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Vendredi 15 Novembre 2019

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North Carolina’s Raise the Age Will Still Leave Behind Some Young People

Wednesday 31st of July 2019 | Amerique du Nord, États-Unis
Juvenile Justice Information Exchange
Nouvelle

CHAPEL HILL, N.C. — This is the first in a series of reports investigating the history and development of youth justice in the state.

With the historic change of Raise the Age come questions about what it took to pass it and where juvenile justice in North Carolina goes from here.

We’ll be examining what it took to reach this landmark decision and what happens once it takes effect at the end of this year.

The Southern brand of justice has been less forgiving of youth crime. But a fundamental change to juvenile justice in North Carolina represents something of a break from the past.

“In North Carolina, as part of the Bible Belt and living in the South, a lot of people who are from here value accountability, and we’ve been really punitive in terms of how we’ve dealt with children historically,” said Jonathan Glenn, associate project director for the Juvenile Justice Institute at N.C. Central University. 

Raise the Age, which increases the age of criminal responsibility to 18, takes effect on Dec. 1. The last state to pass this legislation, North Carolina is now eye-level with the way other states prosecute juveniles.

Designed to include most 16- and 17-year-old offenders in the juvenile system, the Juvenile Justice Reinvestment Act (JJRA) takes a notable step toward criminal justice reform.

But taking that step leaves a massive gap.

Consider: A teen of 16 or 17 who commits even a crime before Raise the Age takes effect will still be tried as an adult, even though the bill was passed in June 2017. When the JJRA was being written, it didn’t account for these youths.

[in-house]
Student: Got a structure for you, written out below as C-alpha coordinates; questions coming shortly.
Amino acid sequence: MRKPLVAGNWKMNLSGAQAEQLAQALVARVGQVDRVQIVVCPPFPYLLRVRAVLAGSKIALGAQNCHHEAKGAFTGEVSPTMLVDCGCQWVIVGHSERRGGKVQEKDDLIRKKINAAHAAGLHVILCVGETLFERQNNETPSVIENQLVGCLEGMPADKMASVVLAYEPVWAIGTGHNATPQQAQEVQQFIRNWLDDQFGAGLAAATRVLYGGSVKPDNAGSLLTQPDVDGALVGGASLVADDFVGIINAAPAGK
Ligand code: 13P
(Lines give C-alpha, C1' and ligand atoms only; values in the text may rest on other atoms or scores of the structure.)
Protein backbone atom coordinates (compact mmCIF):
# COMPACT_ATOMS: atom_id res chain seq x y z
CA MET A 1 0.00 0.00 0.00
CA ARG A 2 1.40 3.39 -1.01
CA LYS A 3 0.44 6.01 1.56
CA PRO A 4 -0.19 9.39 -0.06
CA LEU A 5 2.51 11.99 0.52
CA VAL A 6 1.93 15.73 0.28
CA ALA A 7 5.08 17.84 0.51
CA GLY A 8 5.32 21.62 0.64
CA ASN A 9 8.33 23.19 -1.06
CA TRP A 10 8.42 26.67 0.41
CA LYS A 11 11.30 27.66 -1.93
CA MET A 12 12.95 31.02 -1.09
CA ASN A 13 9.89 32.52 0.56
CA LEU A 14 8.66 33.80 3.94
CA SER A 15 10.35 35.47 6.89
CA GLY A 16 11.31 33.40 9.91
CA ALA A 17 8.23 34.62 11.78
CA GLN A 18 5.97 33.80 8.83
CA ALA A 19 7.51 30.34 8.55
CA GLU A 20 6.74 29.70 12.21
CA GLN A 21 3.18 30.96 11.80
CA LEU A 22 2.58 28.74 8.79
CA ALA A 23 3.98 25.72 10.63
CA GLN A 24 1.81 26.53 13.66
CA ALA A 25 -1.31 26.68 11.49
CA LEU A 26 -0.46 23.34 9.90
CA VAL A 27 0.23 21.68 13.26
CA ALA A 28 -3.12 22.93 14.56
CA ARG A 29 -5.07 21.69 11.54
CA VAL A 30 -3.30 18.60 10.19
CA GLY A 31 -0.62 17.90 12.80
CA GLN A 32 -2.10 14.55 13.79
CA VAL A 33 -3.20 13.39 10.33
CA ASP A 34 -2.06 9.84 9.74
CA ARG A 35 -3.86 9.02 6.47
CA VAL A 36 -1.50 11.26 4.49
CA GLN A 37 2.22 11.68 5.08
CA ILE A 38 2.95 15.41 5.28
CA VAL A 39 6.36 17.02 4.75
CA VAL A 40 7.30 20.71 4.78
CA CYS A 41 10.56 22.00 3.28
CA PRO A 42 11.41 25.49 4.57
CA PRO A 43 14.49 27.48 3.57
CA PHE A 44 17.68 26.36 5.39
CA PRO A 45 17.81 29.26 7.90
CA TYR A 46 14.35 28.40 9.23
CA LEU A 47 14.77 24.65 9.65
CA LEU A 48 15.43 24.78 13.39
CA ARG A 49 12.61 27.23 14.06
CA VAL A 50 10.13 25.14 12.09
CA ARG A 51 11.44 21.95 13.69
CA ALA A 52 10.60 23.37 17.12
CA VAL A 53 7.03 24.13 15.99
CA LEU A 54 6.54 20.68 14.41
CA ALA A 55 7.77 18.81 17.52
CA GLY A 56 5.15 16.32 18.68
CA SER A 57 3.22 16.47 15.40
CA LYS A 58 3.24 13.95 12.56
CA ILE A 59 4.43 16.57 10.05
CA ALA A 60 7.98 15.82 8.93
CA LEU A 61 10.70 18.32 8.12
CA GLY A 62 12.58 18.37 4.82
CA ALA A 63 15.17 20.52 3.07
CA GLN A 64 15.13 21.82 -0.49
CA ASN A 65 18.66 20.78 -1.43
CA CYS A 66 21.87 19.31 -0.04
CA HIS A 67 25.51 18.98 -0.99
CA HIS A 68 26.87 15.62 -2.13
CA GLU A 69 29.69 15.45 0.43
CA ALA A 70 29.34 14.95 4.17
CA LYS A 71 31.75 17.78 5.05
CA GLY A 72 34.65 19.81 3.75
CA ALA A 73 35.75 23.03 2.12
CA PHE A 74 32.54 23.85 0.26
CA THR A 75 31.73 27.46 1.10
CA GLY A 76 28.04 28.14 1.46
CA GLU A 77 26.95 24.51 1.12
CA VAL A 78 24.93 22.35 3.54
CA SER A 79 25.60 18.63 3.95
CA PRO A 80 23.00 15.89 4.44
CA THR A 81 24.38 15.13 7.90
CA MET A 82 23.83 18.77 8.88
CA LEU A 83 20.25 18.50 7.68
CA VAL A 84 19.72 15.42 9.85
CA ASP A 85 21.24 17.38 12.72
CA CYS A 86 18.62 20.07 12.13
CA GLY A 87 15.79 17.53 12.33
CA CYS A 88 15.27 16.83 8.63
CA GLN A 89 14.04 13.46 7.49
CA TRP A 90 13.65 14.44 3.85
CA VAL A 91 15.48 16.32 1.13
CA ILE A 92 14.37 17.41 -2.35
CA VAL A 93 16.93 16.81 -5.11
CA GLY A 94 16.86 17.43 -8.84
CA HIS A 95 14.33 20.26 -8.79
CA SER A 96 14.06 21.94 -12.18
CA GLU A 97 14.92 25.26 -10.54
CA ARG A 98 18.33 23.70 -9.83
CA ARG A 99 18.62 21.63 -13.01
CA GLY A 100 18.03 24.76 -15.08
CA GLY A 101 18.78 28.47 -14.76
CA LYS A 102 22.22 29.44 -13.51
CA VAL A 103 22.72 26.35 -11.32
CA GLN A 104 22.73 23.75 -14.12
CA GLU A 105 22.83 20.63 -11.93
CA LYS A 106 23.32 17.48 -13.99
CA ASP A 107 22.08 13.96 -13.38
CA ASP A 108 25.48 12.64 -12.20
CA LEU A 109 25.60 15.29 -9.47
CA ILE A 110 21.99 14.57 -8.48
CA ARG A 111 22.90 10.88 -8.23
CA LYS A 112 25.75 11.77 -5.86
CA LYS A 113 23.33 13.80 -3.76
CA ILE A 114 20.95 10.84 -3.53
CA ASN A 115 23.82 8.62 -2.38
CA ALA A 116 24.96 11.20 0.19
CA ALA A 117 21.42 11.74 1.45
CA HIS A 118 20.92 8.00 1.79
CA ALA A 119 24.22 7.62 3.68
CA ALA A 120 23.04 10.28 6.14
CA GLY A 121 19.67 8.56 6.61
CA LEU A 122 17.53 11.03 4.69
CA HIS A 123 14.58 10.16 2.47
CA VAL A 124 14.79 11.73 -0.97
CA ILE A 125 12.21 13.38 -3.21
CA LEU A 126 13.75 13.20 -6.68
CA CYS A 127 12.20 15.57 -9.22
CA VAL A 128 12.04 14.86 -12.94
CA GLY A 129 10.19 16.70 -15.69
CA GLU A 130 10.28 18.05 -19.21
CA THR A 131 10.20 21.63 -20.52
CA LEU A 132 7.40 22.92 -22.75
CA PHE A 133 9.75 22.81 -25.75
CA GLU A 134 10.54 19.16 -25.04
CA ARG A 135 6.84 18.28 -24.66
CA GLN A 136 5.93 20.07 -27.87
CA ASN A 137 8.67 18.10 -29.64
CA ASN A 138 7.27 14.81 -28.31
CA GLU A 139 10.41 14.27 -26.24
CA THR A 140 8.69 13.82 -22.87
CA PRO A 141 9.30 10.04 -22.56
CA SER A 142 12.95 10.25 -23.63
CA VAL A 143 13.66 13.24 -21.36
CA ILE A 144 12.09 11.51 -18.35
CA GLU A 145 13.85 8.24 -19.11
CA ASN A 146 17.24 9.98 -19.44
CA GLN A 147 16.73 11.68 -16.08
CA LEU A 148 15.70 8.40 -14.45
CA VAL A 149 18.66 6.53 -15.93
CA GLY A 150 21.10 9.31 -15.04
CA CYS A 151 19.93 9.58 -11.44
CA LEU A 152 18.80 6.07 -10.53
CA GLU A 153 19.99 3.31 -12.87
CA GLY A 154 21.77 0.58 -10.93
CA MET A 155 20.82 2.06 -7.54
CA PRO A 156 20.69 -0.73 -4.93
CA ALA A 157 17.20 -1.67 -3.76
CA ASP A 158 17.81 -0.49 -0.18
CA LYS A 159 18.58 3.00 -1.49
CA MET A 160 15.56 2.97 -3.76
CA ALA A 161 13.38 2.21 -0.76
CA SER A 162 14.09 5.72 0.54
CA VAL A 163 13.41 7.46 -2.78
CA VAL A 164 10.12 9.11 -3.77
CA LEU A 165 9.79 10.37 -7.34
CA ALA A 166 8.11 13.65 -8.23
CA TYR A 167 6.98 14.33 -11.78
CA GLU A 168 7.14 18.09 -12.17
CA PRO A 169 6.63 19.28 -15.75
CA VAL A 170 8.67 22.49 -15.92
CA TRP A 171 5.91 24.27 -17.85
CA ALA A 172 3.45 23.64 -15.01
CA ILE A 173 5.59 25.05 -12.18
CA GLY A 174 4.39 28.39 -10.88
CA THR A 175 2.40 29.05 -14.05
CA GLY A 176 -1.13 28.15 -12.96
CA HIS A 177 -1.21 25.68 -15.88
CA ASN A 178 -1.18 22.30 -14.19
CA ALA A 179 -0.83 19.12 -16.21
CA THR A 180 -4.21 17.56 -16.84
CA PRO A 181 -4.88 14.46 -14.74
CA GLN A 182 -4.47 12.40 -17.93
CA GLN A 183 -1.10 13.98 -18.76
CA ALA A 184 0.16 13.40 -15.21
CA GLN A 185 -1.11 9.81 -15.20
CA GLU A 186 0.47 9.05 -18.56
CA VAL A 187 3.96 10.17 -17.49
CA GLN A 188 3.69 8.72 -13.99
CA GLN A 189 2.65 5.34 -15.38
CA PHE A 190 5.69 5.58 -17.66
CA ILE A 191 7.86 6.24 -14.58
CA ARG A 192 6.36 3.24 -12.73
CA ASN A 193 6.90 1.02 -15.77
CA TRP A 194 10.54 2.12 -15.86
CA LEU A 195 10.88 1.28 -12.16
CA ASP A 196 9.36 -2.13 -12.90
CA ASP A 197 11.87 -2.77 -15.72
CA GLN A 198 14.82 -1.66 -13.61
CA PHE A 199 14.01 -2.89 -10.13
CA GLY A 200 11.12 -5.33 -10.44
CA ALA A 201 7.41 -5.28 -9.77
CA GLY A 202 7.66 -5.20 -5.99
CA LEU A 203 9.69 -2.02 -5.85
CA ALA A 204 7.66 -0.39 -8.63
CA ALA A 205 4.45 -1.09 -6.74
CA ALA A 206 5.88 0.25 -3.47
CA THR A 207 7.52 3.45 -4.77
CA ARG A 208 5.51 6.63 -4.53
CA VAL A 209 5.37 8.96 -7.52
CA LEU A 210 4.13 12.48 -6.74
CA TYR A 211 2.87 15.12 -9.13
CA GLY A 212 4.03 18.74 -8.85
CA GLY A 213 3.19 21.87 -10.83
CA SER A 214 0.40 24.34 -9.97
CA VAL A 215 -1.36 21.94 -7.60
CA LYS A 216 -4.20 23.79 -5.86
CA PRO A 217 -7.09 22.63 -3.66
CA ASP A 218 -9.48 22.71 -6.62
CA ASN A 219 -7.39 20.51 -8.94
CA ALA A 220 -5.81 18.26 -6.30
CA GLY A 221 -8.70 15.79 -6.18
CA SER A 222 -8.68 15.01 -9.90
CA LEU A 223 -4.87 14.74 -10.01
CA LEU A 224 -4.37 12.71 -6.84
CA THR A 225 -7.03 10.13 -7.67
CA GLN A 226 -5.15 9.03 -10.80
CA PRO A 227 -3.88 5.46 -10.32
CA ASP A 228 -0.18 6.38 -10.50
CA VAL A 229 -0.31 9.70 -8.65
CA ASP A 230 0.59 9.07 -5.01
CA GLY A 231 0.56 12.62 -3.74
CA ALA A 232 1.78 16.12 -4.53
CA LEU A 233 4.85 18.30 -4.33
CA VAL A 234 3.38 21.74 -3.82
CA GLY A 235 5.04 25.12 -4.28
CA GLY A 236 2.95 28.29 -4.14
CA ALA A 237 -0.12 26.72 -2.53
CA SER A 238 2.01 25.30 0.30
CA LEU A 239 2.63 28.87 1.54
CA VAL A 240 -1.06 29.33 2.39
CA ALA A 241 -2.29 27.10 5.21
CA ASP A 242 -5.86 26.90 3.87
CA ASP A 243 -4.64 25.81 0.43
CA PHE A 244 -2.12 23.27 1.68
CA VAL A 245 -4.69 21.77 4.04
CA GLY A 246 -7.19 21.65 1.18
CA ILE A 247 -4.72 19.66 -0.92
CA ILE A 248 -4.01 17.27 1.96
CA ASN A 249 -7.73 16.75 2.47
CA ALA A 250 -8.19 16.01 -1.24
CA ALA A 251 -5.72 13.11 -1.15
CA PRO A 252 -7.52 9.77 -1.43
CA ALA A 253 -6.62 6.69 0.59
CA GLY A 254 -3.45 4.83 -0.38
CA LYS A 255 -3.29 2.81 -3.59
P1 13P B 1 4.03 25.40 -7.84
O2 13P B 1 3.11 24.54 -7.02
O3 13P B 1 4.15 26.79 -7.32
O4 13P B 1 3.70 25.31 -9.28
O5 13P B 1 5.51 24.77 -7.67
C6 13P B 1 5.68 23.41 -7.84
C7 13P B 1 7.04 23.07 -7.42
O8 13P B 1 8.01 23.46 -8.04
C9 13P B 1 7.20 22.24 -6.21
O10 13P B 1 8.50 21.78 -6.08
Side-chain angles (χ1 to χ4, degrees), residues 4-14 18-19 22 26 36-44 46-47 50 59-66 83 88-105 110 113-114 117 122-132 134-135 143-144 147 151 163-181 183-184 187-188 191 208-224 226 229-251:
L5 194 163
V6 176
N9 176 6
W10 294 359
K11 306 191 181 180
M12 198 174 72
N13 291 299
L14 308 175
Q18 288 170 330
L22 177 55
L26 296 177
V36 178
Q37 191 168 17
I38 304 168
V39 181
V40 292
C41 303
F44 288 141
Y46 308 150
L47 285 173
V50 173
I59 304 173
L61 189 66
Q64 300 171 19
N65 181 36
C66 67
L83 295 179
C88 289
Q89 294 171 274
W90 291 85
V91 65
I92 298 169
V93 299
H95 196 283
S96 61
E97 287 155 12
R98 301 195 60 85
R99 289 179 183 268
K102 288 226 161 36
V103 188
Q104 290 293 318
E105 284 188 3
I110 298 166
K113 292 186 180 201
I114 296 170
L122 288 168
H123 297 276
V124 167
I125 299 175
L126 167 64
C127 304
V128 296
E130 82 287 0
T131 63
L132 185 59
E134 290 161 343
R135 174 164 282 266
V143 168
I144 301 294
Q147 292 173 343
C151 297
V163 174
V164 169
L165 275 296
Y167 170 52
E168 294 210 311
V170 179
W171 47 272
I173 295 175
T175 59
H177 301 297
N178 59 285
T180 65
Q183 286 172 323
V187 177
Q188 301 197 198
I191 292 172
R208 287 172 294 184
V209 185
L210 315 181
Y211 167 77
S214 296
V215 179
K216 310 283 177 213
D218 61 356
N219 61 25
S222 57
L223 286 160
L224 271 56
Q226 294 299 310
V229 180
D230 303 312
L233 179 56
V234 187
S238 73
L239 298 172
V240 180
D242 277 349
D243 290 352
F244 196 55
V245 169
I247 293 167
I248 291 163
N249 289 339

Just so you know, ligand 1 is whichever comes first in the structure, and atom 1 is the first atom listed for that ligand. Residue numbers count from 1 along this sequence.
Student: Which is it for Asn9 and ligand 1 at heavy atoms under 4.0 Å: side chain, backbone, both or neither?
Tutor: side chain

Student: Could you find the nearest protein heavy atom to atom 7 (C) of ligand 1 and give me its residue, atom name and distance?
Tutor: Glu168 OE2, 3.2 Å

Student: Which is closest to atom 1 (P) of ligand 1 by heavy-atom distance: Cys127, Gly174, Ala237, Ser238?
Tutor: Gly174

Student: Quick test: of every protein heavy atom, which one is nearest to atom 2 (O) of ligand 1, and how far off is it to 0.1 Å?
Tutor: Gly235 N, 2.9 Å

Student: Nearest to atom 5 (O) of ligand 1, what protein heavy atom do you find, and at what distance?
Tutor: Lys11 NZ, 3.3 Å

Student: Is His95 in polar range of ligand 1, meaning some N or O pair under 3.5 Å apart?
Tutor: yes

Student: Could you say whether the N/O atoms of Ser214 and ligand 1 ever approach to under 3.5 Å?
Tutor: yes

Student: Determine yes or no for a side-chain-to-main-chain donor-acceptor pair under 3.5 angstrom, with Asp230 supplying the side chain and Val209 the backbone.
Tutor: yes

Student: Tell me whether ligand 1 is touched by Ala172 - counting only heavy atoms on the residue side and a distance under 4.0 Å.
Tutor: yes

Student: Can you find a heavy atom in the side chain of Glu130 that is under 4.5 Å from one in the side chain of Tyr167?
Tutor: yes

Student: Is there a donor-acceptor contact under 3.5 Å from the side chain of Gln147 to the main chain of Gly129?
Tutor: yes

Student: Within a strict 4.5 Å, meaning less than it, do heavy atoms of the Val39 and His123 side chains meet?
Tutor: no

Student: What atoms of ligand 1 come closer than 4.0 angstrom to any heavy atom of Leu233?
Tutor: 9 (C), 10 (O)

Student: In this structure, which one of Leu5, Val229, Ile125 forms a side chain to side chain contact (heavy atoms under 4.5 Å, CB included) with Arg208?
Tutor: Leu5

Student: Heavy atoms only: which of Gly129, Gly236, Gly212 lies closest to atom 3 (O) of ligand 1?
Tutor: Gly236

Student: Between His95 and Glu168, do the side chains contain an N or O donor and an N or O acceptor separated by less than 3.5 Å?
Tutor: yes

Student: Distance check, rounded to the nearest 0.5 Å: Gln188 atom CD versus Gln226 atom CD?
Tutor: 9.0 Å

Youths in limbo

Juvenile arrests in the U.S. are clearly in decline — down nearly 60% nationally from 2007 to 2017 — as some remedies like teen court and diversion are increasingly used. But Congress and state legislatures are still uncertain about what to do with kids already in the system.

Eric Zogry, head of the North Carolina Office of the Juvenile Defender, estimated there are thousands of juveniles in limbo — 2½ years’ worth of youth convicted of misdemeanors and low-level felonies who will still be tried as adults.

They will continue through a process that some organizations, like the Durham, N.C.-based Youth Justice Project, call detrimental to their educational and social development.

 “You can hold a student accountable without being punitive,” said Peggy Nicholson, director of the Youth Justice Project. She emphasized a focus on alternatives that keep young people connected to positive influences and opportunities.

The word “justice” needs to be reclaimed “in a way that doesn’t mean punishment,” she said.

Reclaiming could mean compelling the justice system to recognize the nuance of age and how it can contextualize a situation. Advocates say the old system doesn’t take into account the psychology of those it deems youth or adults.

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